Edward Steinfeld, director of the University at Buffalo’s Center for Inclusive Design and Environmental Access (IDeA Center), and Jordana L. Maisel, the center’s director of outreach and policy studies, are authors of a new textbook, “Universal Design: Creating Inclusive Environments.”
“We believe we are close to a watershed moment,” the authors write in the preface to the book, which was released on April 10 and includes chapters on housing, interior design, transportation and more. “Whether they know the term or not, the work of leading architects and design firms reflects the adoption of universal design concepts.” Read the rest of this entry »
This article was originally published at 1 Call Bath Solutions and is re-posted with permission.
Occupational therapists are big picture experts. Let’s take Mary. She’s 85, lives at home and is challenged with Parkinson’s. Sue, her occupational therapist, assesses her physical strengths and weaknesses, how the natural aging process is affecting her (things like eyesight and hearing that affect everyone over time), her medical condition and any psychological issues. And the psychological part doesn’t mean there’s anything wrong with Mary—it could be just the typical fears of losing control over her own life and the lack of privacy that comes from depending on others.
This article features comments I posted on a James Holloway article about Smart Homes of Tomorrow, where automation is based on sensors and learned intelligence that encompasses any device providing automatic control of home functions. Systems most likely to be automated are: lights, thermostats & home appliances; television, video & music systems; security alarms & monitoring systems; and home health care monitors, alarms & communication devices.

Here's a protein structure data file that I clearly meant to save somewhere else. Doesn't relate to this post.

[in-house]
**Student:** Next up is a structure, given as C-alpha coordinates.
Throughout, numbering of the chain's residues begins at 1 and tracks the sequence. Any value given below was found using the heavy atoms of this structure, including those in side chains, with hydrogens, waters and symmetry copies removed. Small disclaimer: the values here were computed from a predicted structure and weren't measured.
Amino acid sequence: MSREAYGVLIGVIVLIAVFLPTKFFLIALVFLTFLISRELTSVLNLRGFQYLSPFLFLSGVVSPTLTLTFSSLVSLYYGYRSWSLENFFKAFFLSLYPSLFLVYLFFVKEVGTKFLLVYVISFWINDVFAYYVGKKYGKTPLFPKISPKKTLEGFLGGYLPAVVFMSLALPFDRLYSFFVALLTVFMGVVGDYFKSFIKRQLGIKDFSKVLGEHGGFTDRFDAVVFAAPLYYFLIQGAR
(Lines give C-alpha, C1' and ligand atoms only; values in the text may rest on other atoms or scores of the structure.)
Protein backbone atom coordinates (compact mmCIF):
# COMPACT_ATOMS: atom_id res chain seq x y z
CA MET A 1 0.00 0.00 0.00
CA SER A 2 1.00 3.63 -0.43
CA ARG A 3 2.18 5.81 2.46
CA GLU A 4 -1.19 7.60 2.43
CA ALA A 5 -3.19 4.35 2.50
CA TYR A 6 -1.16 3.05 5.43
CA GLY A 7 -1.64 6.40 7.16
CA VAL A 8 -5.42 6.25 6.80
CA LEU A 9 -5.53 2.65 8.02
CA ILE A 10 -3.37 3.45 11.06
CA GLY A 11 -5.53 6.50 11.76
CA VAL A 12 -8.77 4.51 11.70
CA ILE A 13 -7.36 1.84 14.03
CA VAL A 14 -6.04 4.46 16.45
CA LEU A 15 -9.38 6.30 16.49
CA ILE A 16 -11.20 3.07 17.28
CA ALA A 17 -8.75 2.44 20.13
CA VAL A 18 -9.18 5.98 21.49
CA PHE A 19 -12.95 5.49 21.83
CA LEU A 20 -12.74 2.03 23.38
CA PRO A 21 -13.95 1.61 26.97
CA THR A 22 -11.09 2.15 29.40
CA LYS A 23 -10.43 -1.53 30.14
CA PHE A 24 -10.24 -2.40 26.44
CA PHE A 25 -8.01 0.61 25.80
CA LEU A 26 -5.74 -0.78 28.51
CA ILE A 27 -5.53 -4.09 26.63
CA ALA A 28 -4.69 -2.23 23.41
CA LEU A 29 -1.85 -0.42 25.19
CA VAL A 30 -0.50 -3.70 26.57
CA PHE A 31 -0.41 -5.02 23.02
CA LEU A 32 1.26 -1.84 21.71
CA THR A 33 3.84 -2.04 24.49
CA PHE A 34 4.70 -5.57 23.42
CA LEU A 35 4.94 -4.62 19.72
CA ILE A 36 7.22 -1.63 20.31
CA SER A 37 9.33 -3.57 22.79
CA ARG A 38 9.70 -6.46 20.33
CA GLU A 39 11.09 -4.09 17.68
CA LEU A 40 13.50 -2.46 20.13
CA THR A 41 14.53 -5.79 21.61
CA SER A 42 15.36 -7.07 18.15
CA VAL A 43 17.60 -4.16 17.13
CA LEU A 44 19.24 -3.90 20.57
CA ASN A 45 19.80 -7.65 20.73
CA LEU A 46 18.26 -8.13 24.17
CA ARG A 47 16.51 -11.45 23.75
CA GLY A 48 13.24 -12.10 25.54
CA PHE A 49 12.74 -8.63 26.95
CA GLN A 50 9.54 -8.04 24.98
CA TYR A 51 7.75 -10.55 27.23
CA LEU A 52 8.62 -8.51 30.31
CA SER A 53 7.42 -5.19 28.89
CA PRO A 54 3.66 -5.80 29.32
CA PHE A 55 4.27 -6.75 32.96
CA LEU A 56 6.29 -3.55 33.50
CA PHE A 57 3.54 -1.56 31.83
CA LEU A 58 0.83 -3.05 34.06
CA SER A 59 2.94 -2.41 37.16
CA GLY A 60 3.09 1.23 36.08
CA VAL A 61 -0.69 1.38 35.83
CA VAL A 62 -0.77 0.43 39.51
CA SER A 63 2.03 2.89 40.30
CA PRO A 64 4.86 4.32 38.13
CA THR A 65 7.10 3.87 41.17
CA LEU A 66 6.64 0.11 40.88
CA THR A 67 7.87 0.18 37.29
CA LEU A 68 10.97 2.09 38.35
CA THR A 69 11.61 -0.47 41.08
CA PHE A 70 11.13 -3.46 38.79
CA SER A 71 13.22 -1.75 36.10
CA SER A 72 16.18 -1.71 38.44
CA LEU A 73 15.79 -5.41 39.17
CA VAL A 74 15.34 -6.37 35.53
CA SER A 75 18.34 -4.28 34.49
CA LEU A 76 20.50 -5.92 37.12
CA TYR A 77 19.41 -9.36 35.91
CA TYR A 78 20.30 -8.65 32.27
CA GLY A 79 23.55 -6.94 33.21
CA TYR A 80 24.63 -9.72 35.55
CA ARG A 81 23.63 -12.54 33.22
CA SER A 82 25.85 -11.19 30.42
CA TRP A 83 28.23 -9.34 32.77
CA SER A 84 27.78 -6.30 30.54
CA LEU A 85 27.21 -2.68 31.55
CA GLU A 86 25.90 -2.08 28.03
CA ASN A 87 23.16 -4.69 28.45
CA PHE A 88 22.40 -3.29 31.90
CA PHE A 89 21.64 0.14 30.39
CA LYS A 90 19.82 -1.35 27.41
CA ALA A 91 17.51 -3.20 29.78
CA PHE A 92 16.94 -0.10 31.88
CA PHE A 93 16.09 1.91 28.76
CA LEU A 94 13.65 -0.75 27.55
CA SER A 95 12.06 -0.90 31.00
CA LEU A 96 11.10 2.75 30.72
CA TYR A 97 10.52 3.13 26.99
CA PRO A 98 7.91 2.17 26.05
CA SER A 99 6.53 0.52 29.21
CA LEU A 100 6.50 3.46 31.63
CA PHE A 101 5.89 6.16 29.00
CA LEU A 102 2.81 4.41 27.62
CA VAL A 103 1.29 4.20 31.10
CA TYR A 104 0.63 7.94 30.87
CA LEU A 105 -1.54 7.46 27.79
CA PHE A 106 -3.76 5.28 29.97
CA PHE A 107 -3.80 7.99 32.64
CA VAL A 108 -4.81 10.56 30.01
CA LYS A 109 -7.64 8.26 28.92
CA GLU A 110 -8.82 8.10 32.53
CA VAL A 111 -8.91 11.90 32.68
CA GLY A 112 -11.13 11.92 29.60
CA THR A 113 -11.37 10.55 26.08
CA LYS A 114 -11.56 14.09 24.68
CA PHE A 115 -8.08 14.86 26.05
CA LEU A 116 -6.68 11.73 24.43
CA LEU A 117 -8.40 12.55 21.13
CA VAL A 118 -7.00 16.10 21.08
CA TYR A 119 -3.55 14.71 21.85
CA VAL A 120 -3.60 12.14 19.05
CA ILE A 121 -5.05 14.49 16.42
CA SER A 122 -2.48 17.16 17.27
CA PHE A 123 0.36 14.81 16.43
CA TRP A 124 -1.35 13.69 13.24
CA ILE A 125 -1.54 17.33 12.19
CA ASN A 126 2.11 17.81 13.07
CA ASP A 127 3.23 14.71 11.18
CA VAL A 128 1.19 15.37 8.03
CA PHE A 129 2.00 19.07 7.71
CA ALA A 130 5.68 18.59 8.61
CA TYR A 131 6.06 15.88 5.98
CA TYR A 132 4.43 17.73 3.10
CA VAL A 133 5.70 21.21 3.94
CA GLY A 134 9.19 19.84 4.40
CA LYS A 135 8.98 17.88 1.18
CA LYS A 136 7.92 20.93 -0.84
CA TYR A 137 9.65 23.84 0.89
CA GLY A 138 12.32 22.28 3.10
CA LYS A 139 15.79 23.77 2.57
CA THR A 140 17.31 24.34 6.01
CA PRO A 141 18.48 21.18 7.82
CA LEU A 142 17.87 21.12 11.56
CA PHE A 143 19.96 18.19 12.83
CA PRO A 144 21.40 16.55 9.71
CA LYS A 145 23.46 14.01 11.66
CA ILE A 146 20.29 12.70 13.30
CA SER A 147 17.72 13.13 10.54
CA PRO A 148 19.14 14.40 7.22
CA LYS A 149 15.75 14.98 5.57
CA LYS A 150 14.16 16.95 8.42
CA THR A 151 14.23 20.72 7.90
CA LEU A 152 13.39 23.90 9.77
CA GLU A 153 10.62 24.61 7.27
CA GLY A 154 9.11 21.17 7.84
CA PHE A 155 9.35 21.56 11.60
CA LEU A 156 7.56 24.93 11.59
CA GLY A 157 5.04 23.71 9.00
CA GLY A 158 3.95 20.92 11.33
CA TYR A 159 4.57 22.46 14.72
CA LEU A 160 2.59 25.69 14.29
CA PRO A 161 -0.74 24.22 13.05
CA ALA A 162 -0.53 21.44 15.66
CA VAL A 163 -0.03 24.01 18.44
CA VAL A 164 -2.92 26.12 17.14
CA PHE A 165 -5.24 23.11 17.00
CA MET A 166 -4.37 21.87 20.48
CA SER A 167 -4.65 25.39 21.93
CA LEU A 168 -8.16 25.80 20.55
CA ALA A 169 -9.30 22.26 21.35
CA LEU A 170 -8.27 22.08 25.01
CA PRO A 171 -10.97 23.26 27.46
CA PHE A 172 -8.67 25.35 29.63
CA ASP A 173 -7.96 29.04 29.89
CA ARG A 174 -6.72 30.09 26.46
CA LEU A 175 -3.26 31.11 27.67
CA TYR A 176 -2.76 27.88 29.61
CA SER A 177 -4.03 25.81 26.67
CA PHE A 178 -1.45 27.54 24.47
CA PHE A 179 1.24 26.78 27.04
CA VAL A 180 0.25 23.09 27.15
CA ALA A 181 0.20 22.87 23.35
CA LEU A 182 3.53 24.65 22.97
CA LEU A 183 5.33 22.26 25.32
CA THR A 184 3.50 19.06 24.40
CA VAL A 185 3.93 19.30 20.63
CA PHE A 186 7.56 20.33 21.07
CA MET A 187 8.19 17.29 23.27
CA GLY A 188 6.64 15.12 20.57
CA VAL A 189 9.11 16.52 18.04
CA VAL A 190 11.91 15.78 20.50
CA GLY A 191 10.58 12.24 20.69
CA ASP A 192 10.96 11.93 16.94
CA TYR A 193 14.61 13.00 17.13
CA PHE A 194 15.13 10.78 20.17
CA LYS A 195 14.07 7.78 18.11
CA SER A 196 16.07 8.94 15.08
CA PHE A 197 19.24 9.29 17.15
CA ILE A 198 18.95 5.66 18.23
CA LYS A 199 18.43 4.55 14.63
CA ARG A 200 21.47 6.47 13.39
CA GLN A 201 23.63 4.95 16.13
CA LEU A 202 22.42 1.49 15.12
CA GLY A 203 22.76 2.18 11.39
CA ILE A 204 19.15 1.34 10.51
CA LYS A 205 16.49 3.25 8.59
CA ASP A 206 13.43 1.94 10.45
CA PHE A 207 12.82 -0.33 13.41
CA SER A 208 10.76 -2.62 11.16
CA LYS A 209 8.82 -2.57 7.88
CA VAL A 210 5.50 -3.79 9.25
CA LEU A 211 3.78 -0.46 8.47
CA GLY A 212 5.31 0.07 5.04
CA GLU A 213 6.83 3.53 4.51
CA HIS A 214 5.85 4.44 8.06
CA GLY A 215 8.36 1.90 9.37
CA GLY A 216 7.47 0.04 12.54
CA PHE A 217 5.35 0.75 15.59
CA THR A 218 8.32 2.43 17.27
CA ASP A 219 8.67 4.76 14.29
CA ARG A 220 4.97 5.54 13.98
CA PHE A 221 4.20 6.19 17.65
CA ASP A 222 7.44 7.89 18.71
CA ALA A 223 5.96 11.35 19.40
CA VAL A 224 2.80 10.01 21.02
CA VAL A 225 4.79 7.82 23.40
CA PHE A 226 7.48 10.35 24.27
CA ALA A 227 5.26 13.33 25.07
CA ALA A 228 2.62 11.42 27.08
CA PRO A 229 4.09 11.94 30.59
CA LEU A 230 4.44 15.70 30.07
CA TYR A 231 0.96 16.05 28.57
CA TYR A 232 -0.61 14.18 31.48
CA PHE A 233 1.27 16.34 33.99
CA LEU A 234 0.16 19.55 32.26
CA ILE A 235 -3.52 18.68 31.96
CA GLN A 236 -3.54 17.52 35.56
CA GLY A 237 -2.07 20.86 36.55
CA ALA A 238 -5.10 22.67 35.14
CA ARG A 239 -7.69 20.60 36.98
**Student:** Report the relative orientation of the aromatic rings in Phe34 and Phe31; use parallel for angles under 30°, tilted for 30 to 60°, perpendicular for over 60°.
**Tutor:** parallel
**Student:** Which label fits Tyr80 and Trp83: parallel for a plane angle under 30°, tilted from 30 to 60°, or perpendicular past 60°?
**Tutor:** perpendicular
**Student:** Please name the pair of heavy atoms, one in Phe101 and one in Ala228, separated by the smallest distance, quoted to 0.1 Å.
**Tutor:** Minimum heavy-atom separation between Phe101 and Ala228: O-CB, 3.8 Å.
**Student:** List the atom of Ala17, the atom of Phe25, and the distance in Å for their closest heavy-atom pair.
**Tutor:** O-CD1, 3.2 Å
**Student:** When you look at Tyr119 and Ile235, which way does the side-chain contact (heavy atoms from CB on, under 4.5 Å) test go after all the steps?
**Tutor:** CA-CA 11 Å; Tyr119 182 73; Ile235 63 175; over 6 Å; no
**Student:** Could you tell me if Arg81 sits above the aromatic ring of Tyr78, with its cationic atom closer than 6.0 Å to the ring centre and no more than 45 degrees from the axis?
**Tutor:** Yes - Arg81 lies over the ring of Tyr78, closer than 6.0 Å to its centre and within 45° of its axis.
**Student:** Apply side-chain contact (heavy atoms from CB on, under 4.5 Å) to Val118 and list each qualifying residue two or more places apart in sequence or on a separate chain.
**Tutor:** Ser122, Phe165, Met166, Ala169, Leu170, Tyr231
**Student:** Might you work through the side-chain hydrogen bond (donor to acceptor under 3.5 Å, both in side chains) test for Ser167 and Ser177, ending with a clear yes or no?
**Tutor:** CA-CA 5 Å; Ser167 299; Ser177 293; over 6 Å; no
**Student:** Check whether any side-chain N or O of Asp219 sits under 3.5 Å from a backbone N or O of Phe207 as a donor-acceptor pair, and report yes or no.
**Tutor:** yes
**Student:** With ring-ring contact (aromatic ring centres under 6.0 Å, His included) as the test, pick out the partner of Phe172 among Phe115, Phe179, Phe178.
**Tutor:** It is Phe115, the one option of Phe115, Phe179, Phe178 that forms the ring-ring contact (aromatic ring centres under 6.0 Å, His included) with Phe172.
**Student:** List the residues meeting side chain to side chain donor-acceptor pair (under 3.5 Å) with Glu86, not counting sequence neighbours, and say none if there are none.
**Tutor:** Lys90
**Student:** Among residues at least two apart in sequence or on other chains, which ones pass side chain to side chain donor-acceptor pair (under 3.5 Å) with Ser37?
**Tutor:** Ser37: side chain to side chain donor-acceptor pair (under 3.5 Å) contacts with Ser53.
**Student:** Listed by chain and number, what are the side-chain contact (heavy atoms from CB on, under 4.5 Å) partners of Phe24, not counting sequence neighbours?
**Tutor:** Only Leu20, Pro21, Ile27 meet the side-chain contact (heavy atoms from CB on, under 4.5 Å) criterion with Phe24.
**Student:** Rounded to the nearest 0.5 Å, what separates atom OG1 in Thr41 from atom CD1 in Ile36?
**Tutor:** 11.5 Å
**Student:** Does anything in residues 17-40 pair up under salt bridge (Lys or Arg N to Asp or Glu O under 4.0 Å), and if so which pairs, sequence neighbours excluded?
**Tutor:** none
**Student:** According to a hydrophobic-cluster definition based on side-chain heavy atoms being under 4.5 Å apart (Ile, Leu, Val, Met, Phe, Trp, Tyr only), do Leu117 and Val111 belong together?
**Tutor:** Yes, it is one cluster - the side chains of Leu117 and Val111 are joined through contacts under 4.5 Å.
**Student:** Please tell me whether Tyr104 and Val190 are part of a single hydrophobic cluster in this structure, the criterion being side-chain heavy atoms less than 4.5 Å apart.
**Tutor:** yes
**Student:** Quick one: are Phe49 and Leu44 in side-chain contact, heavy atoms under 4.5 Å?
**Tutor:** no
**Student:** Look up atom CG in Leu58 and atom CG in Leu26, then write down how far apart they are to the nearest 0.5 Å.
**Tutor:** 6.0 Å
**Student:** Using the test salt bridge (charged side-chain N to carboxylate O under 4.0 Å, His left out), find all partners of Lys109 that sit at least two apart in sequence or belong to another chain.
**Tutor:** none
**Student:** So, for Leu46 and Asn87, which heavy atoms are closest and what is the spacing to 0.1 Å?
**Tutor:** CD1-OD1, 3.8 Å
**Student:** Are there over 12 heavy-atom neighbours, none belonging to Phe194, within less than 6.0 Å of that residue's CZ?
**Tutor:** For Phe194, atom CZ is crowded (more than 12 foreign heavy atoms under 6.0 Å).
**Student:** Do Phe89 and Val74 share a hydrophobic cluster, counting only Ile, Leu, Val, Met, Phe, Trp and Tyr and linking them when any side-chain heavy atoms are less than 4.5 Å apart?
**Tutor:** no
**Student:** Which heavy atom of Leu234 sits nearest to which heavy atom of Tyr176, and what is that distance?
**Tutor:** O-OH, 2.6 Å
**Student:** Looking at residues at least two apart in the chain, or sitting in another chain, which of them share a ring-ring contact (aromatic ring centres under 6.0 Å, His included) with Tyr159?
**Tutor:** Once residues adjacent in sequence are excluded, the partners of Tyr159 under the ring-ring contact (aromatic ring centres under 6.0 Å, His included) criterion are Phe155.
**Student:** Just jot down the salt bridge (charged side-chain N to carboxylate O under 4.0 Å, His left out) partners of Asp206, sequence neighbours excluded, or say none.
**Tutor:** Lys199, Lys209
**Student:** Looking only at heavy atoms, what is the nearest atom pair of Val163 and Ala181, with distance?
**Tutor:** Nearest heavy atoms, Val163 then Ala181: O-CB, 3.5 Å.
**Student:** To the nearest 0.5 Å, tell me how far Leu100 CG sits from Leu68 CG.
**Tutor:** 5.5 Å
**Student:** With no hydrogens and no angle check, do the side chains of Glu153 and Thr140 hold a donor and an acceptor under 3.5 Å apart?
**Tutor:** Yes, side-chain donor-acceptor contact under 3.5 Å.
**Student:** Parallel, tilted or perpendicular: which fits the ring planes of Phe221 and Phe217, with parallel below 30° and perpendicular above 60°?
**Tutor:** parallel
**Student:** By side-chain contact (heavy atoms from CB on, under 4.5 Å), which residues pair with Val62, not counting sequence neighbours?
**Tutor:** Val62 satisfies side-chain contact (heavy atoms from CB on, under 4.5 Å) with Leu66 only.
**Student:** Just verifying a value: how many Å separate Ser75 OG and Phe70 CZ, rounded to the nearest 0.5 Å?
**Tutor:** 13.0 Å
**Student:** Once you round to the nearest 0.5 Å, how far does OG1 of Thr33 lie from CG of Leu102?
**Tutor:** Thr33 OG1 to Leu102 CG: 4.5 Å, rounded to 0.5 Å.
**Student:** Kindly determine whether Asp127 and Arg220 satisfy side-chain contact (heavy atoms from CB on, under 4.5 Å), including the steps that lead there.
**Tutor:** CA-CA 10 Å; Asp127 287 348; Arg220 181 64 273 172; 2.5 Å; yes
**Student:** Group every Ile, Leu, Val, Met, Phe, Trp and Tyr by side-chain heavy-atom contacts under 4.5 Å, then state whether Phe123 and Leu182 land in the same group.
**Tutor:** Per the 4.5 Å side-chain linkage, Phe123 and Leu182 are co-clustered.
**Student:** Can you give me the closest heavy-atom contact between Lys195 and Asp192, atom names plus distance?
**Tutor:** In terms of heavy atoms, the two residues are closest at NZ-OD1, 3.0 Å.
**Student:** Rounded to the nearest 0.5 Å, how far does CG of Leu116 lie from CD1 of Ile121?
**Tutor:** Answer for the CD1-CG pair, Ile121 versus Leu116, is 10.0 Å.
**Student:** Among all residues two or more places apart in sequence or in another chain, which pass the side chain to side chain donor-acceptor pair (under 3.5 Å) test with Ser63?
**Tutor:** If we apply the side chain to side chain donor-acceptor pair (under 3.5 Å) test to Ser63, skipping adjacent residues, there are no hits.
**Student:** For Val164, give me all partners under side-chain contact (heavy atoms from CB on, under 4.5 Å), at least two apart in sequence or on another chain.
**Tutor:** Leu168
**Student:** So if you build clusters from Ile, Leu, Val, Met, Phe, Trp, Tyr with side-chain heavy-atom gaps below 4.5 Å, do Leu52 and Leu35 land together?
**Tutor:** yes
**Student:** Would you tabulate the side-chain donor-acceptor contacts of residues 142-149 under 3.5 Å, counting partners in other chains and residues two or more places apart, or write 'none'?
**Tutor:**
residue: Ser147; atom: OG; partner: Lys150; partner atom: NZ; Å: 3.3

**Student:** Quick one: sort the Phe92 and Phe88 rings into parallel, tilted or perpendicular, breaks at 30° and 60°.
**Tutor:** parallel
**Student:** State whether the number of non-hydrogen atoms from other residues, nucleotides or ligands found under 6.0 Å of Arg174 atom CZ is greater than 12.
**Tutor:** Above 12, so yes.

My perspectives aren’t too far from what Mr. Holloway wrote about. They came from introducing IBM to the Smart Home market in 1994, helping it launch IBM Home Director, and retiring in 1999 to start CAZITech, a Digital Home consulting firm.
Modern Health Talk founder Wayne Caswell is an eLocal.com home improvement expert and contributes to their industry surveys. Their first survey for 2012 is the same as for 2011 – What are the top Home Improvement Trends. Below is an infographic that summarizes answers from 50 eLocal experts, followed by what I submitted for this year’s survey.
In this recessionary economy, home construction is slow, but one bright spot is home modifications for aging in place. I was happy to meet a reputable local contractor who is adopting Universal Design principals and embracing the Aging-in-Place market. They’re going to Houston next week for a Certified Aging in Place (CAPS) class, which covers low-tech construction projects but not high-tech solutions like environmental and medical sensors and telehealth services. Our discussion got me thinking about advice for builders and remodeling contractors that I created several years as Communications Director for HOT. Homeowners of Texas is a non-profit consumer advocacy that helped get an abusive State agency abolished. But until we can produce our own video tutorials for contractors, I’m including several shorts (~5 min) from 5min Media, a leading syndication platform for broadband instructional, knowledge and lifestyle videos.
Housing Options: Retirement and Independent Living Communities
Housing Options: Aging-in-Place
How to Choose a Certified Aging-in-Place Specialist
NPR host Michele Norris explores housing options for America’s aging population in her interview with Jon Pynoos, a professor of gerontology policy and planning at USC. (Listen to the broadcast or read the transcript HERE.)
Pynoos describes the high costs of nursing homes and assisted living facilities and the insurance options that pay for them, including Medicare & Medicaid. He then promotes aging-in-place at home as a much lower-cost option, but most homes were designed for people who aren’t old. He calls them Peter Pan homes. They have stairs, inaccessible bathrooms, and inadequate lighting, and they lack many of the safety features that would help people avoid falls.
“I won’t grow up. I don’t want to go to school.
Just to learn to be a parrot, And recite a silly rule.”
To help you assess your home and make modifications, contact a certified aging in place specialist (CAPS) or, if you’re in Central Texas, click HERE to learn about our own assessment services.